Across the globe, “morality” issues such as homosexuality and abortion have become high stake politics, constituting rallying points for political mobilization and contestation in the political branches as well as in the courts. Abortion related questions play a central political role in Latin America, issues of same sex relations do the same on the African continent.
In the USA both issues have been highly politicized for decades, and in several European countries they are recurring in the political debate. Why is this so? Some see this mainly in religious terms, and particularly as a result of American evangelical churches gaining increased global influence.
Others point to the fact that political leaders often invoke “morality” issues strategically to bolster their support, often by invoking this as a bogeyman in order to frighten citizens or inspire loyalty. Political leaders – from Russia’s President Putin, Uganda’s President Museveni and Nicaraguan president Daniel Ortega, to Donald Trump – have found homophobia and resistance to ‘gender ideology’ and reproductive rights highly effective tools for creating alliances, diverting attention and mobilizing political support. This roundtable will analyze the political economy of sexuality and abortion around the globe.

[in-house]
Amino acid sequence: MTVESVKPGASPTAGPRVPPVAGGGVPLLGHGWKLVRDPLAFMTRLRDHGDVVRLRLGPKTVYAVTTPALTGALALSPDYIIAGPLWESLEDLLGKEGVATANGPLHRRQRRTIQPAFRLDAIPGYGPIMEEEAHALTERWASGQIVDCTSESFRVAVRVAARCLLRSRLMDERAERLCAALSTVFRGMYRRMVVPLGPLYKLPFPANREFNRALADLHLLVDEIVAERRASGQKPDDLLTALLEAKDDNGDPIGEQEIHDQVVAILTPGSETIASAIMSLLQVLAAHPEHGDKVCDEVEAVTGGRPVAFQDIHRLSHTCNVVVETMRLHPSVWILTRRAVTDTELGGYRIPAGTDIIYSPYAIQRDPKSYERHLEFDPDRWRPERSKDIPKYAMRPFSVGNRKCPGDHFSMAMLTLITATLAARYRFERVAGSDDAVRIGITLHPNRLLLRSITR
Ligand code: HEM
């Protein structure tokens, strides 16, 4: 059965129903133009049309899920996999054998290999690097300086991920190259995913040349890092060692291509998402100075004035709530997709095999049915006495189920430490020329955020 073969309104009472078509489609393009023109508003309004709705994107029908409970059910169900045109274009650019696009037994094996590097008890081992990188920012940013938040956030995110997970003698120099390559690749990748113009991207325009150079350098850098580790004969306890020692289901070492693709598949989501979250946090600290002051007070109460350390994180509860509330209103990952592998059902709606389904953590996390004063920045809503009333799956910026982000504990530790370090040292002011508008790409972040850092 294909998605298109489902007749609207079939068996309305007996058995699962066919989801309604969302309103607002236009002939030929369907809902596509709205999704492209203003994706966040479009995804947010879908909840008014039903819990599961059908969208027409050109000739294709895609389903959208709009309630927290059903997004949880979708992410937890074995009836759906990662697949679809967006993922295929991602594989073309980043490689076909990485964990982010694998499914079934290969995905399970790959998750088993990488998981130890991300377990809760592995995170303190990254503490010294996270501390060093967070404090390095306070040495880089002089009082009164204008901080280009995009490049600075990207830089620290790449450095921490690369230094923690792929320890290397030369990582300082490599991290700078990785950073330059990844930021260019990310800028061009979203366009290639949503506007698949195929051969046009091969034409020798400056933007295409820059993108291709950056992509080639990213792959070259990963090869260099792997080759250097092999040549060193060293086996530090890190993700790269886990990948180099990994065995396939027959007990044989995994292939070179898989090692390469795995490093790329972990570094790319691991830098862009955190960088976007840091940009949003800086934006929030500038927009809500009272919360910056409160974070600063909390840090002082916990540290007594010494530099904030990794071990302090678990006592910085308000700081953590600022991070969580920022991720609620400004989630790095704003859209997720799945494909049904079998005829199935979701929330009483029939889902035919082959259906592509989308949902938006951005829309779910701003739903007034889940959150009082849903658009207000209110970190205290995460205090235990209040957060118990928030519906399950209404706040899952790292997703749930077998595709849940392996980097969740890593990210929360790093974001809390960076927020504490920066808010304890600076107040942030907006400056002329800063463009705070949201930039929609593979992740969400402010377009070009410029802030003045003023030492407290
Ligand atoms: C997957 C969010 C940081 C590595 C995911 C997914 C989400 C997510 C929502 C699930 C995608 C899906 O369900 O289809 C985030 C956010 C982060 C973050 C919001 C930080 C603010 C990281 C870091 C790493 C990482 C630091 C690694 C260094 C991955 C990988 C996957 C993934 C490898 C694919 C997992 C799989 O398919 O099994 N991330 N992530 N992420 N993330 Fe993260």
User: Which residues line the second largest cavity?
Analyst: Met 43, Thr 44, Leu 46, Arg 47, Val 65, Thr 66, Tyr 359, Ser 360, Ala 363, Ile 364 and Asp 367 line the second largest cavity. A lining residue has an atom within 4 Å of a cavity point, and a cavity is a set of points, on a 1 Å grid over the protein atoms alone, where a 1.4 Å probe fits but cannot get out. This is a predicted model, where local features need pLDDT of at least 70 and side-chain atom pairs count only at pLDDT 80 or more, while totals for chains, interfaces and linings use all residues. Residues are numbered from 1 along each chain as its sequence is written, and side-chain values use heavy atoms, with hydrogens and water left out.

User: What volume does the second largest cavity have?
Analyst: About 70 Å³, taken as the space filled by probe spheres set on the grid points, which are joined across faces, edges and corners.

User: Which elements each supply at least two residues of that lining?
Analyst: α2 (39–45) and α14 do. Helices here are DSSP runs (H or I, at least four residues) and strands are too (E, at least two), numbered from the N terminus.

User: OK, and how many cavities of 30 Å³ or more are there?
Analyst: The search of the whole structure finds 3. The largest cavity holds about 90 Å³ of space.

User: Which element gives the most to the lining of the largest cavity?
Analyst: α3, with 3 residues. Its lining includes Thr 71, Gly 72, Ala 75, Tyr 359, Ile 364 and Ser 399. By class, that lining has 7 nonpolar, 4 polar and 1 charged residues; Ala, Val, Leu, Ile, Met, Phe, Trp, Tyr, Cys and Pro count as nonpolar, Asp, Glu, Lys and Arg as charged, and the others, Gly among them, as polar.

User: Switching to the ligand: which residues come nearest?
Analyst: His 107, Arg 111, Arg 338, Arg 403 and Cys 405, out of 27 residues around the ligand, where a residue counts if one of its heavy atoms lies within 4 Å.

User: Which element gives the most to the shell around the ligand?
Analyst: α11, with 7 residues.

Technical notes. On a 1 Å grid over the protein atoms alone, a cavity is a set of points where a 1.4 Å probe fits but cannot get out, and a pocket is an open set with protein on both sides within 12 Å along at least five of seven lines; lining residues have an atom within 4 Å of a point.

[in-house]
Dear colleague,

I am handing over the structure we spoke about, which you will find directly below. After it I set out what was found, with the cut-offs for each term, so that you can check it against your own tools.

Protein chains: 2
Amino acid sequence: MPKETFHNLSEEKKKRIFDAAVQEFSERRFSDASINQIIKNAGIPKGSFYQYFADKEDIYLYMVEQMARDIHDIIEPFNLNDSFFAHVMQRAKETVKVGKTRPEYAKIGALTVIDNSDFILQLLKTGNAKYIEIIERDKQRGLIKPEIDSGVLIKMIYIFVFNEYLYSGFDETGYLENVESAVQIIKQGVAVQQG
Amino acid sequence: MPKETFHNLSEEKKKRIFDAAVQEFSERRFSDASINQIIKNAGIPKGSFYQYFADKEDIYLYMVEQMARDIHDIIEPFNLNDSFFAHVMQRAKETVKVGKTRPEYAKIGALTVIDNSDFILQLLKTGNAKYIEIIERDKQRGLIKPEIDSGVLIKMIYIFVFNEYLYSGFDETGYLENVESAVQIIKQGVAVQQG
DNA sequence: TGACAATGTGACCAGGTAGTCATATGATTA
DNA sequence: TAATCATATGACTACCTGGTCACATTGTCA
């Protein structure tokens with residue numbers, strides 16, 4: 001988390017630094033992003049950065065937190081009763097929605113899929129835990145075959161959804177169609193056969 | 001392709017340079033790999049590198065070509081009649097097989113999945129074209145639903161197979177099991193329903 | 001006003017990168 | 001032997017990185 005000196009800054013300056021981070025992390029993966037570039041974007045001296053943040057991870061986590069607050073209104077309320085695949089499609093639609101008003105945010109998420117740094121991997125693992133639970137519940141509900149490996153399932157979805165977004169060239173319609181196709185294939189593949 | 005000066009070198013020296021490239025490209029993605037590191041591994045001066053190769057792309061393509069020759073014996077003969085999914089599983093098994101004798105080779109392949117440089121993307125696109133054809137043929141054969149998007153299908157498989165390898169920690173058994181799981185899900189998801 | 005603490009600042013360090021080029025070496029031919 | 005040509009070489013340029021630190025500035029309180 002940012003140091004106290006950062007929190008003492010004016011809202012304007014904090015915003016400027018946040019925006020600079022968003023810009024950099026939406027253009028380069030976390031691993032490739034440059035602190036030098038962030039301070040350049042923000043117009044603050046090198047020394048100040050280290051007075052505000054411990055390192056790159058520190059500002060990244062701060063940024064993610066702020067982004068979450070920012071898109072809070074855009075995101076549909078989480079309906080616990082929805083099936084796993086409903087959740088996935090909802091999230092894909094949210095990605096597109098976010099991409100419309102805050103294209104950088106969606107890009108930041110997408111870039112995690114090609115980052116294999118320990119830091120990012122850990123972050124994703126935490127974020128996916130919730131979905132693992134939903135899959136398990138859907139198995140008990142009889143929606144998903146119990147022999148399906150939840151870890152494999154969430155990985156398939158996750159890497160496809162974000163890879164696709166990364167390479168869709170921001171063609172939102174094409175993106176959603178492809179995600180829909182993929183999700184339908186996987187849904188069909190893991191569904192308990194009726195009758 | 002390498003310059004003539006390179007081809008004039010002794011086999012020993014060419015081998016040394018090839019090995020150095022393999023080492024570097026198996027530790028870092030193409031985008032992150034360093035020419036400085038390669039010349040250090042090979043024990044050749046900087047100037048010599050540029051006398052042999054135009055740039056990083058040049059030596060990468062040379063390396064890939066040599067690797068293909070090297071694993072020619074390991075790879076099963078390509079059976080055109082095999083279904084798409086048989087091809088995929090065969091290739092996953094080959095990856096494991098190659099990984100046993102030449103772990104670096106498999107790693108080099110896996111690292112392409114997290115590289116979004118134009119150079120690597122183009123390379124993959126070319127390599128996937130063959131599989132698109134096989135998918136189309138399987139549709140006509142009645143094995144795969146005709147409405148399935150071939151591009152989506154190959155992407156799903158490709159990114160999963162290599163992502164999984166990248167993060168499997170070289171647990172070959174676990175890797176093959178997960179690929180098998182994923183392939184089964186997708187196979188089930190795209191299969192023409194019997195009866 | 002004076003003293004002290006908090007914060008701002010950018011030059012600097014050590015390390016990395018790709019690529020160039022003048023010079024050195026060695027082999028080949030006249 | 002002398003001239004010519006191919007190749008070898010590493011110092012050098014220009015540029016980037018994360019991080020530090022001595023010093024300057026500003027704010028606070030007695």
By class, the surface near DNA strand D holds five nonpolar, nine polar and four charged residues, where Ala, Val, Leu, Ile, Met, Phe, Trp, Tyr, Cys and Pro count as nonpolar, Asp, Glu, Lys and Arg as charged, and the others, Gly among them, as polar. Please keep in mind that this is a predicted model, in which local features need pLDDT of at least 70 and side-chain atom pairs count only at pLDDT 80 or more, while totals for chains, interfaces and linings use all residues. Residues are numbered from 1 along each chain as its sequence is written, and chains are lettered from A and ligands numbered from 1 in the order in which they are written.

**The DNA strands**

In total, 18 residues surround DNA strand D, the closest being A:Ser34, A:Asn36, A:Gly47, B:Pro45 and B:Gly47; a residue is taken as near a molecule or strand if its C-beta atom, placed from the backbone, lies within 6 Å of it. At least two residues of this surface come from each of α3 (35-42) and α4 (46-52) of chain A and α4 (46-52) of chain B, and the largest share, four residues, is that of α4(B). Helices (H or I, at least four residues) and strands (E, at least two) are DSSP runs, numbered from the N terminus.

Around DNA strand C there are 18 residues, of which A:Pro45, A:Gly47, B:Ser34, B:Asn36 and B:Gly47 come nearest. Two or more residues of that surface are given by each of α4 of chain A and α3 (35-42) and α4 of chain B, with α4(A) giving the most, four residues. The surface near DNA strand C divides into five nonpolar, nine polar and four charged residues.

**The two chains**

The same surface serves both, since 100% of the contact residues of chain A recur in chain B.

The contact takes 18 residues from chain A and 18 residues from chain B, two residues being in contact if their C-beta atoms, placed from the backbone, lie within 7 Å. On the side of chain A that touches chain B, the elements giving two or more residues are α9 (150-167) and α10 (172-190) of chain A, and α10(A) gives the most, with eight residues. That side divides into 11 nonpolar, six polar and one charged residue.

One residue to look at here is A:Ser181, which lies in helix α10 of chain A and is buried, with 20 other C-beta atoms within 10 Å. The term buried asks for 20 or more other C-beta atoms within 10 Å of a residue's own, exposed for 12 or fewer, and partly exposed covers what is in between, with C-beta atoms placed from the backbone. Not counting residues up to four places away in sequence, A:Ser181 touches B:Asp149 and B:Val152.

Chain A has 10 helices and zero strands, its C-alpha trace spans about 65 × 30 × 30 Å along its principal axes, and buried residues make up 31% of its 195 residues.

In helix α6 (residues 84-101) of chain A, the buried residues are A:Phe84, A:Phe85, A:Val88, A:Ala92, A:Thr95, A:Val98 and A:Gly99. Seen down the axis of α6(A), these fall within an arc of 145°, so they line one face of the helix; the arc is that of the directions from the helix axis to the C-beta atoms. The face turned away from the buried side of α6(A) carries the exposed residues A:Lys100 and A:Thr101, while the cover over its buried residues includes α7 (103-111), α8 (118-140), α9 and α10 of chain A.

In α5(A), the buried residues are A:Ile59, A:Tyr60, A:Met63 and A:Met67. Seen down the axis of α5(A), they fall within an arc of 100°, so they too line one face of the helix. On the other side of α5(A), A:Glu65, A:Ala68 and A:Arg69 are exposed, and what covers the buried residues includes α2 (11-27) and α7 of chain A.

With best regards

Organiser: Centre on Law and Social Transformation, University of Bergen
Moderator: Pierre de Vos (University of Cape Town Law School, South Africa)
Participants include: Getnet Tadele (Addis Ababa University, Ethiopia), Leo Arriola (UC Berkeley), Alan Msosa (University of Essex), Marta Machado (FGV São Paulo), Frans Viljoen (Univeristy of Pretoria)
Venue: Bergen Resource Center for International Development, Jektviksbakken 31